The scientific and medical consensus on low back pain is in: It’s complicated. As we all know, it’s also one of the most common ailments in the world and, regardless of one’s clinical focus, is something every medical practitioner encounters on a regular basis. At any given moment, there are about 31 million Americans who suffer from back pain and half of Americans report having had low back pain within the last year. It is the number one cause of disability and missed work worldwide1.
There are many different causes of back pain, from congenital to neurological to mechanical. Effective treatment depends on the correct diagnosis from a skilled practitioner. At ORM, the vast majority of our low back pain patients have suffered for months or years.
The most common causes of low back pain are:
- Sprain/strain of the ligaments/muscles
- Arthritis of the facet joints
- Degenerative disc disease2
Additionally, chronic segmental ligament laxity can result as a consequence of the above dysfunction and is now known to be related to facet osteoarthritis4, also effectively treated with prolotherapy5.
The common thread through these 3 top conditions is the degeneration or damage of structural connective tissue. Obviously, movement patterns and alignment also play a large role but often contribute to a circular cause and effect loop where damaged tissue causes poor alignment and movement patterns and poor alignment and movement patterns cause more tissue damage. Both must be addressed for effective and long term pain relief.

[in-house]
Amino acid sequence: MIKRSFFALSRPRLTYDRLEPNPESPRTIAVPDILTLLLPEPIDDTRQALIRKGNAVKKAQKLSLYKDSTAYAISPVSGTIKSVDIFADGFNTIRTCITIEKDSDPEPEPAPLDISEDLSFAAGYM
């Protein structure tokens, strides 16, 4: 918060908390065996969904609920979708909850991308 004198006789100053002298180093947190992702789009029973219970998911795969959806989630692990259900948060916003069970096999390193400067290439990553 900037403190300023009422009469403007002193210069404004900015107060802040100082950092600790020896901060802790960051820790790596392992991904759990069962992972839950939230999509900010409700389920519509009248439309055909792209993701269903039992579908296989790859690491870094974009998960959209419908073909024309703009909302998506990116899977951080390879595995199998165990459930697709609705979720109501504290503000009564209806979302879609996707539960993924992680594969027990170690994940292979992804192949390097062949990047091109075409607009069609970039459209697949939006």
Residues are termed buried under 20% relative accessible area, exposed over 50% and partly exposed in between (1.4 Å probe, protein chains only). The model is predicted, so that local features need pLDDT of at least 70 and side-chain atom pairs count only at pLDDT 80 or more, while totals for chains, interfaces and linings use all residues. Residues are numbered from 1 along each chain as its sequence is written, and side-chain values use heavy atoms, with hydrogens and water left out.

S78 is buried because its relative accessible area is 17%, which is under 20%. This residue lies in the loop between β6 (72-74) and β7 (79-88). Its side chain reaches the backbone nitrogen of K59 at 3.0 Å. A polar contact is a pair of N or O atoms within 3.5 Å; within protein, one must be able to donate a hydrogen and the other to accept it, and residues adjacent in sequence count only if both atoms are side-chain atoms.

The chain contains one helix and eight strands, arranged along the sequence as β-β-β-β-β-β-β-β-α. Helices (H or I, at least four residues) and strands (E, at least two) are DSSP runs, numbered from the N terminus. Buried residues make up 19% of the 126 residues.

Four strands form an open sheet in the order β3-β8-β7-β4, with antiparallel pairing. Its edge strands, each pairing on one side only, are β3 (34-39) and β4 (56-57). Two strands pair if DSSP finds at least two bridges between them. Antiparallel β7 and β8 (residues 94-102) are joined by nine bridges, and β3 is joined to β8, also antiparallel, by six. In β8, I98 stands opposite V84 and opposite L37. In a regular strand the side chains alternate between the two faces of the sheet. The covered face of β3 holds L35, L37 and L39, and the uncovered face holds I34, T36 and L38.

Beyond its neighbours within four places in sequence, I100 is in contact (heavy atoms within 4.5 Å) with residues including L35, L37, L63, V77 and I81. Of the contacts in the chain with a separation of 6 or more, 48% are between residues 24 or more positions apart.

Studies affirm prolotherapy effectiveness for low back pain
Studies show that:
- PRP injections into the facet joints and surrounding muscular/ligament attachments decreases the pain of chronic back pain by as much as 55%6
- 80% of patients had “good” or “excellent” pain relief from PRP facet injections after 3 months7
- In a study of 145 patients with low back pain found that 89% of patients had an improvement in pain of 50% or better with dextrose prolotherapy8
What’s the mechanism of regenerative injections?
The primary regenerative mechanism—as we currently understand it—is through the stimulation of the body’s healing cascade via growth factor release in specific pathological locations where the injections are placed. There is repair of the ligaments, tendons, and muscles that have undergone chronic micro-injury as well as repair of the cartilage surfaces in the facet joints that degenerate over time and accelerate with injury and segmental laxity. Along with the facet joints, the ligament structures that are commonly targeted are the sacroiliac, lumbosacral, iliolumbar, intertransverse, interspinous, supraspinous, and sacrotuberous.
What about fatty atrophy of the Multifidi?
The multifidus muscles are also commonly targeted if there is evidence of fatty atrophy on MRI and/or US. Though common, fatty degeneration of the multifidi is rarely reported by radiologists. This may be because, until now, little could be done for multifidi atrophy. Studies confirm our results: PRP injections into the multifidus muscles have been shown to significantly reduce low back pain and reverse the muscular atrophy associated with chronic pain9.
An ideal combination of treatments